Posted on Friday, February 27th, 2015 by Peter Sciretta
Today is the last installment of our extensive interview with screenwriter Gary Whitta (Book of Eli, After Earth). Promoting the pre-order of his first novel, Abomination, Whitta talked to us not only about his career thus far, but the future and unproduced projects that haven’t happened.
Today in the fifth and final installment which primarily focuses on some of the screenwriter/producer’s future projects, including a big screen adaptation of Kick-Ass/Wanted creator Mark Millar’s Starlight, an adaptation of the 2000AD comic Rogue Trooper that Gary is trying to bring to the big screen (we even get an EXCLUSIVE look at some concept art that has been created for the movie), and we check in with the progress on trying to secure rights to The Last Starfighter remake. Read the Gary Whitta Starlight interview after the jump.
Interview Part 4: Gary Whitta Starlight, Rogue Trooper and The Last Starfighter
Note: The following interview has been split up into five parts. Some questions are being presented out of chronological order so that each post tackles a thematic topic.
If you missed our previous installments, here is what Gary Whitta talked about:
- Monday: The past, present and future of Star Wars.
- Tuesday: His journey from video game journalist to screenwriter and the post-apocalyptic Oliver Twist script that got him into the business .
- Wednesday: His biggest produced film projects, Book of Eli and After Earth, as well as his upcoming novel Abomination.
- Thursday: The projects he’s worked on that have not made it to the big screen, which include the American live-action Akira movie, an Escape From New York reboot,World of Warcraft. I also ask Whitta about the rumors that he may be working with Blizzard on a a Diablo or Starcraft project.
What is the one project that you were either offered or went in and pitched on that you didn’t end up doing but wish you had?
Well ESCAPE FROM NEW YORK was certainly hard to say goodbye to because I was so passionate about that one and had put so much work into it. In terms of things I pitched on but never got, there’s an adaptation of a Russian short story called Roadside Picnic that I went in on and would have loved to do. It’s the story that Tartovsky’s Stalker is based on and it absolutely blew my mind when I first read it. I had what I thought was a pretty cool idea to make an event TV series out of it. Alas.
OH! AND! I totally forgot about this but … the movie adaptation of the 2000AD comic ROGUE TROOPER, which I’m attached to write. I’m still trying to get that set up and I have some concept art we did for the movie that’s never been seen.
Okay so tell me about ROGUE TROOPER, why is that adaptation so attractive to you?
As a Brit I naturally grew up reading 2000AD and the two characters I always loved the most were Judge Dredd and Rogue Trooper. Dredd’s obviously had a couple of bites of the cinematic apple, but it’s always bugged me that Rogue never has. He’s such a great character and it’s such a great world, it strikes me as one of those “why isn’t this a movie yet?” titles. Sam Worthington’s production company had the rights a year or so back and I developed it with them as a feature. Chris Weston, the extremely talented comic artist who was also storyboard artist on The Book of Eli, did some amazing concept work on it. We took it out, pitching it to studios, and there was some interest but it never quite came together. The rights have since reverted but I would love to take another crack at getting it set up and made if the opportunity were to arise. I think we had a great story developed, and all it really needs is the right director. Maybe now that Dave Gibbons, who co-created the comic, has had a big hit with Kingsman: The Secret Service?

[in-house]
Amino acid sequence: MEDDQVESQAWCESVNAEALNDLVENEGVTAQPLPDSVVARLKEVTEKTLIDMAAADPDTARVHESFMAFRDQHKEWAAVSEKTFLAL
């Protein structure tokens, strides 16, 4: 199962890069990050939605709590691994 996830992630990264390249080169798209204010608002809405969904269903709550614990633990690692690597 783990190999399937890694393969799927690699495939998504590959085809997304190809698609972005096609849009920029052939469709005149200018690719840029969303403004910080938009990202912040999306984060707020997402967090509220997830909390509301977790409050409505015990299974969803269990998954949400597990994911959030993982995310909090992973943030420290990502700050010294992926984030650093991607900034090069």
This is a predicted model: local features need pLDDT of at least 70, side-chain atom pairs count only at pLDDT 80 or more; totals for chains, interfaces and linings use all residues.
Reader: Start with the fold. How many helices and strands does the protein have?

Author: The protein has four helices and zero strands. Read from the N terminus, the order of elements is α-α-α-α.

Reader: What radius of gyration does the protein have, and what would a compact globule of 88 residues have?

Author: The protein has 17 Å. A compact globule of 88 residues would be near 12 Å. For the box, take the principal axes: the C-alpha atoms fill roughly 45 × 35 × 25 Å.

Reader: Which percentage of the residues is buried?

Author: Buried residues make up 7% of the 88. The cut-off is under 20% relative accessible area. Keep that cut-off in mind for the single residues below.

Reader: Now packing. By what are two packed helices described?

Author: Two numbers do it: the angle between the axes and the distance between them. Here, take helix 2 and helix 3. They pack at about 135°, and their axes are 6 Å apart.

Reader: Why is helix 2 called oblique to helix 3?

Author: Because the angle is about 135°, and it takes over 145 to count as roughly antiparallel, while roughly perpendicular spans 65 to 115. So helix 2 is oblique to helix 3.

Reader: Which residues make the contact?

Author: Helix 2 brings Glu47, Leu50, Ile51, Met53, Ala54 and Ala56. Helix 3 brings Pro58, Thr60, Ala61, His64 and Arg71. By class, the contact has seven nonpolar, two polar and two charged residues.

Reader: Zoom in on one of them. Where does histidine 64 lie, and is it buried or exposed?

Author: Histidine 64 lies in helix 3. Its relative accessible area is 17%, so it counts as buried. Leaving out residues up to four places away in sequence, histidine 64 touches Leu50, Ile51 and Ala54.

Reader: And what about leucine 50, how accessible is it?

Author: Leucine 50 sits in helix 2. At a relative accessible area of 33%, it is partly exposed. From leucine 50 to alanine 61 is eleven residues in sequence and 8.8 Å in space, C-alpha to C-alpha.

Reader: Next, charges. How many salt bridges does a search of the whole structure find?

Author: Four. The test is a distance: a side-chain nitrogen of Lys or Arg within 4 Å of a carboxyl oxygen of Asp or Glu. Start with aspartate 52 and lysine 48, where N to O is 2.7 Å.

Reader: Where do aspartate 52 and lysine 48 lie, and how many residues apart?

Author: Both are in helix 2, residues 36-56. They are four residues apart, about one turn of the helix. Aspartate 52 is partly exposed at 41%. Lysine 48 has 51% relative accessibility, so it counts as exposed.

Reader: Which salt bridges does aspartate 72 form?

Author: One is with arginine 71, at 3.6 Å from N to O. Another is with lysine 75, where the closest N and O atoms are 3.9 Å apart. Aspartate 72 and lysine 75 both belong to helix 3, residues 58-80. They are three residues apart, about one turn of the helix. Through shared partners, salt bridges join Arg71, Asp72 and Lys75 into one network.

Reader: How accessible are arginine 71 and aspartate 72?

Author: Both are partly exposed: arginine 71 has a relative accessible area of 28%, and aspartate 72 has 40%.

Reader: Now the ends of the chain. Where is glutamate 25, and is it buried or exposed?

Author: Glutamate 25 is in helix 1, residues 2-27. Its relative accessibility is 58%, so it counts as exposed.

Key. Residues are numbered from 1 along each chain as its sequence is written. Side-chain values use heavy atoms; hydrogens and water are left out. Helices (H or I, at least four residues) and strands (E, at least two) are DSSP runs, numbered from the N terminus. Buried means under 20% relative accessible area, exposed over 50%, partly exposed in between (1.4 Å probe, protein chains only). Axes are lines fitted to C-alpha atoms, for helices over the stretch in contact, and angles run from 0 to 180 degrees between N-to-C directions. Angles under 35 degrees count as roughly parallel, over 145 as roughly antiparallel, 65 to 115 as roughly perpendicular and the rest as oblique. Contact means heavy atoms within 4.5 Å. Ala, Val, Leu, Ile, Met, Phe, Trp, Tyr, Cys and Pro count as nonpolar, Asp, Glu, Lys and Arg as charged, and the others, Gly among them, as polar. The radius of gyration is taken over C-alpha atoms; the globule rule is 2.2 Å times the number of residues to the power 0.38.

Just as it was announced that your year-long writing job on the Star Wars spin-off was ending, we learned that you were starting work on a big screen adaptation of Mark Millar’s Starlight… How did you get involved in that project?
They sent me the comic and I instantly fell in love with it. The genius of Mark Millar is that he comes up with stories that don’t just make great comics but also immediately suggest themselves as big movie ideas as well. Starlight is one of those things that, once you start reading it, as a writer you instantly kick yourself for not having the idea first. It’s such a big, relatable idea, and so grounded in the kind of fun escapism of the movies I grew up on as a kid in the 1980s.
Simon Kinberg Is a producer, and you just obviously worked with him at LucasFilm, was he instrumental in making this happen?
Simon has been a friend of mine for a long time and is one of the true good guys of this business. Immensely talented, immensely kind and easy to work with. I’m really glad that he thought of me for Starlight.
What makes Starlight different than other stories of this ilk?
I think there’s a little more to it than the pulp Flash Gordon adventures it’s inspired by in that it’s grounded in really powerful, universal themes. Like any good science fiction it’s much more about the human story than it is any of the fantastical stuff, though there is certainly plenty of that. It’s about the importance of family, about what it means to grow old, and it has at the heart of it a protagonist that is so much more human and vulnerable than the typical two-dimensional space adventure hero.
Whats going on with The Last Starfighter remake? :)
Man, I wish. I’m one of a very long list of screenwriters who would kill for the opportunity to bring that back. It just seems like the rights are impossible to figure out. Maybe one day. If there’s one thing that movie taught me, it’s to never stop believing that anything is possible. Even in Hollywood.Cool Posts From Around the Web: